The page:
Japan has handed over 17 patrol boats worth USD2.8 million to Kenya’s marine police unit. The donation will enhance anti-piracy measures in the region. Edward Mbugua, Kenyan deputy inspector general of police, said that the new patrol boats are an important milestone in the fight against terrorism.
“We have had instances of piracy in the Indian Ocean and therefore, the donation will assist us in dealing with pirates at the sea,” Mbugua said. The specialised police officers will use the boats to enforce laws within the maritime mandate, adding that criminality in maritime sector was a big threat to commercial security.
Africa’s east coast has been a piracy hotspot for more than a decade, particularly in neighbouring Somalia. According to a European Parliamentary report, 736 seafarers were being held hostage in 32 ships, when piracy was at its peak in 2011. The attacks fell drastically after international intervention, although it has not been completely eradicated.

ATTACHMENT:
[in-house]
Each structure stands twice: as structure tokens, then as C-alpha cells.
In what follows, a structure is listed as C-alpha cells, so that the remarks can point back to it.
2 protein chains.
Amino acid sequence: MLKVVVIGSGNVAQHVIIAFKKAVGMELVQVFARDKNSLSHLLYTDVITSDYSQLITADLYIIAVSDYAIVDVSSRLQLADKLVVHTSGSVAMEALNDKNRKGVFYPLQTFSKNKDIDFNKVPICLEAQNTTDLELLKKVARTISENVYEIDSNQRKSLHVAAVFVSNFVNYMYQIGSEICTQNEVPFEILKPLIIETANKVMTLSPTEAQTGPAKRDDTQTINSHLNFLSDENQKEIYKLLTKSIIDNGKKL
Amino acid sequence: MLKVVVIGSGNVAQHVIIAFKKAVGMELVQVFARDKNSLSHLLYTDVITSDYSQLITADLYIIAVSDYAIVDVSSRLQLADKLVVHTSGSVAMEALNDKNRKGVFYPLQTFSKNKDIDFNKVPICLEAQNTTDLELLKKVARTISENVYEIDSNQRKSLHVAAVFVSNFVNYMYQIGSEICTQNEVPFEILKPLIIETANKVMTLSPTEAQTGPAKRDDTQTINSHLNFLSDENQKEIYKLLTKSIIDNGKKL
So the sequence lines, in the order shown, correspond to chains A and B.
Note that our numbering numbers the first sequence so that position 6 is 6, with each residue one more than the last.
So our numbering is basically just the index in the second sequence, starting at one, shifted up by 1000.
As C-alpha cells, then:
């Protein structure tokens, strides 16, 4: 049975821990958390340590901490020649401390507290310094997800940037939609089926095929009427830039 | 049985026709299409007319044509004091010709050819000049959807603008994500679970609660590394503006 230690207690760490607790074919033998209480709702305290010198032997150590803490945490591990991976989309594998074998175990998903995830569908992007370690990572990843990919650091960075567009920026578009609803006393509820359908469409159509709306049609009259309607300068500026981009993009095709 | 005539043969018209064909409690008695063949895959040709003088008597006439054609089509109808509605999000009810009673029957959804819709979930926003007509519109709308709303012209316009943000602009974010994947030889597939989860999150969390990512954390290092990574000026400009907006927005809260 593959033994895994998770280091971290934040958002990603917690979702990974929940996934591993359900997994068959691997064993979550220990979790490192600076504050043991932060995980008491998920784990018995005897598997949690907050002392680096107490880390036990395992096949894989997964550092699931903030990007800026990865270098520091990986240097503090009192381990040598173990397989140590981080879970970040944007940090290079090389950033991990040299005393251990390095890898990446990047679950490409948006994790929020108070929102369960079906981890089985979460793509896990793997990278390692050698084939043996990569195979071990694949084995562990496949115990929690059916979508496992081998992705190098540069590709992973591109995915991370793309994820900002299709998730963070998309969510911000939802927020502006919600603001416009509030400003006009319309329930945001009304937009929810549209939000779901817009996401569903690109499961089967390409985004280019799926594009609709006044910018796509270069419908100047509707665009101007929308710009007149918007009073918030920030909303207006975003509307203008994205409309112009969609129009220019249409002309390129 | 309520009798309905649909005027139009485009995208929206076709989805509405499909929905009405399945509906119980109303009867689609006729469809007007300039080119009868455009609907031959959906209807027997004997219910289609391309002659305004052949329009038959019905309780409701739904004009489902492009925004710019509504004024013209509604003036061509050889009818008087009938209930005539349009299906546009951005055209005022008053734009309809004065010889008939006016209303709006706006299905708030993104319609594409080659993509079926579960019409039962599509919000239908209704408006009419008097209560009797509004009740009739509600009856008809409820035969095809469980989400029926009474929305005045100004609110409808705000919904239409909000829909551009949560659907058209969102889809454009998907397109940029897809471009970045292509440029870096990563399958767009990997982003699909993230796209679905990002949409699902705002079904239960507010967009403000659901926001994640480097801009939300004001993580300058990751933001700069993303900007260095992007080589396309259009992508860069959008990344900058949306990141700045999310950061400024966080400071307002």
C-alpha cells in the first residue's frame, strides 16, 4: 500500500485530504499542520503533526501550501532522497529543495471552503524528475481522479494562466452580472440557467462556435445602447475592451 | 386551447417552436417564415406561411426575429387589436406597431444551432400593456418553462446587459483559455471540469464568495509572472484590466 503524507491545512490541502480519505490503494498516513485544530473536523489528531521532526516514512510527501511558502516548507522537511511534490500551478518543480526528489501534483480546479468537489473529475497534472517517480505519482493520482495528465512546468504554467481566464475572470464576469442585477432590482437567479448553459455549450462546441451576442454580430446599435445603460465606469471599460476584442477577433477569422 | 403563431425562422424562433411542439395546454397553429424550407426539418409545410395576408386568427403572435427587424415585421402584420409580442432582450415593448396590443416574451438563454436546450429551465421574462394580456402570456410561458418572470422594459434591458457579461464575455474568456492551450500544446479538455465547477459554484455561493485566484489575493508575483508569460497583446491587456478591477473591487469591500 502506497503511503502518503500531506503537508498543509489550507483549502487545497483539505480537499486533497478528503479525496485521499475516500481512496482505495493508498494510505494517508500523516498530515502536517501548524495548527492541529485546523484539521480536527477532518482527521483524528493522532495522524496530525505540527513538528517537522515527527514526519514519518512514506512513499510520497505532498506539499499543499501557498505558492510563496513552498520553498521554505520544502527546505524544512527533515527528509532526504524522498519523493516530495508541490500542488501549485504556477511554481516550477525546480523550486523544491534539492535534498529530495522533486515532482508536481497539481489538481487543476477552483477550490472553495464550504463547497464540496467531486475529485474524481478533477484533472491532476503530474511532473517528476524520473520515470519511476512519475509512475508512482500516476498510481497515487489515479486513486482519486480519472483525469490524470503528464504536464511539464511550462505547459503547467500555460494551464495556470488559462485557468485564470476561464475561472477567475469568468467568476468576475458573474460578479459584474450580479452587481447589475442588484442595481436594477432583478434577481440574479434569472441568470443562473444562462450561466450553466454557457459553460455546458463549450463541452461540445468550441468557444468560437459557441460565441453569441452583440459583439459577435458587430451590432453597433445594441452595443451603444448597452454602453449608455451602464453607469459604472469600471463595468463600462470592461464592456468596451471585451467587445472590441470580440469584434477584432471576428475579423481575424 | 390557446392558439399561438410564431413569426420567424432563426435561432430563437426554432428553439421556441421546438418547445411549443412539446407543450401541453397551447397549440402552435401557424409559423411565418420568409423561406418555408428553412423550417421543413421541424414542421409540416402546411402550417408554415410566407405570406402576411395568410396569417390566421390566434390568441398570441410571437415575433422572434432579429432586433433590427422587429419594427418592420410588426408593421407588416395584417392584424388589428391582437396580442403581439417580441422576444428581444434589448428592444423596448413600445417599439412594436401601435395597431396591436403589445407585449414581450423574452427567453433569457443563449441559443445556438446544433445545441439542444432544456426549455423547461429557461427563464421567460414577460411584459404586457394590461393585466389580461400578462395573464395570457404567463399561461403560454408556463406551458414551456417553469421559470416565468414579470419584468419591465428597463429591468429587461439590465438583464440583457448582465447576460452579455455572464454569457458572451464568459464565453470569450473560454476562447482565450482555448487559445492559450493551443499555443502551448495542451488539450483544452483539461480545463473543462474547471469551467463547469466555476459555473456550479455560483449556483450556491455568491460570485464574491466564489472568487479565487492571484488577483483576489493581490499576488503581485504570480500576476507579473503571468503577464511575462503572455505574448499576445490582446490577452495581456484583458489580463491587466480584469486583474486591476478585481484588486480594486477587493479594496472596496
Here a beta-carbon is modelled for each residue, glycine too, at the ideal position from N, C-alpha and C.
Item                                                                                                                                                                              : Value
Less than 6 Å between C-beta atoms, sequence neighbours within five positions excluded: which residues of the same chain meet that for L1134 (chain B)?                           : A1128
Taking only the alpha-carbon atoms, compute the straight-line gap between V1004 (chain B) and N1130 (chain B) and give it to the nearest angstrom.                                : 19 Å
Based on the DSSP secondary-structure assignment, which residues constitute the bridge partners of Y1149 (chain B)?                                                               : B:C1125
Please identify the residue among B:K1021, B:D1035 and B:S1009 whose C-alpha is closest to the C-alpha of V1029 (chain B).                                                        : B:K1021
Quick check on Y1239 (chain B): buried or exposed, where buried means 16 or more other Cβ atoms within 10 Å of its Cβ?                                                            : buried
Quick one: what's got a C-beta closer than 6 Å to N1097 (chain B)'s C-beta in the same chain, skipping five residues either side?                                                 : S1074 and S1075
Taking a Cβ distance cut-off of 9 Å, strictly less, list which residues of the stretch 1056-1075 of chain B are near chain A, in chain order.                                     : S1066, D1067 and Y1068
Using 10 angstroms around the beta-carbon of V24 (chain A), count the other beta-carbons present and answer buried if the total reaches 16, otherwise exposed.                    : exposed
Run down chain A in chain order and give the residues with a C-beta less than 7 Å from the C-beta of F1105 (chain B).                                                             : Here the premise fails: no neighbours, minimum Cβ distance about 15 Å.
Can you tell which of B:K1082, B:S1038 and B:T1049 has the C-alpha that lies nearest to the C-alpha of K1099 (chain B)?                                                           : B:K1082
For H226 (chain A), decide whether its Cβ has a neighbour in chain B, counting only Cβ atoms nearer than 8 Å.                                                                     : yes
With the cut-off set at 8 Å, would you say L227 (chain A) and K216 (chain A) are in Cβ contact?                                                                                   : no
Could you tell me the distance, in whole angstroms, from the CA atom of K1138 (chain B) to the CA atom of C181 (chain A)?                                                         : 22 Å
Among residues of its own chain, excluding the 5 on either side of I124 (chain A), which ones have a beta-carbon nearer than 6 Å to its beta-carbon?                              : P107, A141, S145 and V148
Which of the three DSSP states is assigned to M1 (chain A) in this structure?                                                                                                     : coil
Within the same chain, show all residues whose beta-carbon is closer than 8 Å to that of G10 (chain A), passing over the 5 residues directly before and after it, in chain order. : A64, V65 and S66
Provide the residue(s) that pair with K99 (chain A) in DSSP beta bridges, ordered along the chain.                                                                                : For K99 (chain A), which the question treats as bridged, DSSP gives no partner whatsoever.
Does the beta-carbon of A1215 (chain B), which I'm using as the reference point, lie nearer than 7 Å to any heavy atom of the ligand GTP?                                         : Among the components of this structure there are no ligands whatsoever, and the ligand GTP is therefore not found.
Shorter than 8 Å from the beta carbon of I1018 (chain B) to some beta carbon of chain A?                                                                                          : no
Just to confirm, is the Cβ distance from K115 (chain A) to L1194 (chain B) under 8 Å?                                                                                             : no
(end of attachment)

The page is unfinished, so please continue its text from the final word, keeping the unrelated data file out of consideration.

Kenya’s security along the coastline is critical as Mombasa port is used by East African countries for their exports and imports of cargo. Another study from 2014 estimated that Somali piracy increased shipping costs by 8% to 12%, because vessels were forced to take longer routes to avoid the threat.
The Japanese ambassador to Kenya, Ryoichi Horie, said at the handover of the patrol boats that the donation is a significant step towards empowering Kenya and strengthening mutual trust between the two countries. “We underscore the need to galvanise bilateral, regional, and international stakeholders’ collaboration in maritime security including the fight against piracy, illegal, unreported, and unregulated fishing and other marine crimes,” Horie said.
He added that the three pillars of the recent Tokyo International Conference on African Development (TICAD 7) includes training at least 1,000 people in three years in the areas of maritime security, port enhancement, and marine resource management; supporting port facilities improvement, ports management and operations; providing ships and equipment for the region; and participating in the Indian Ocean Commission as an observer.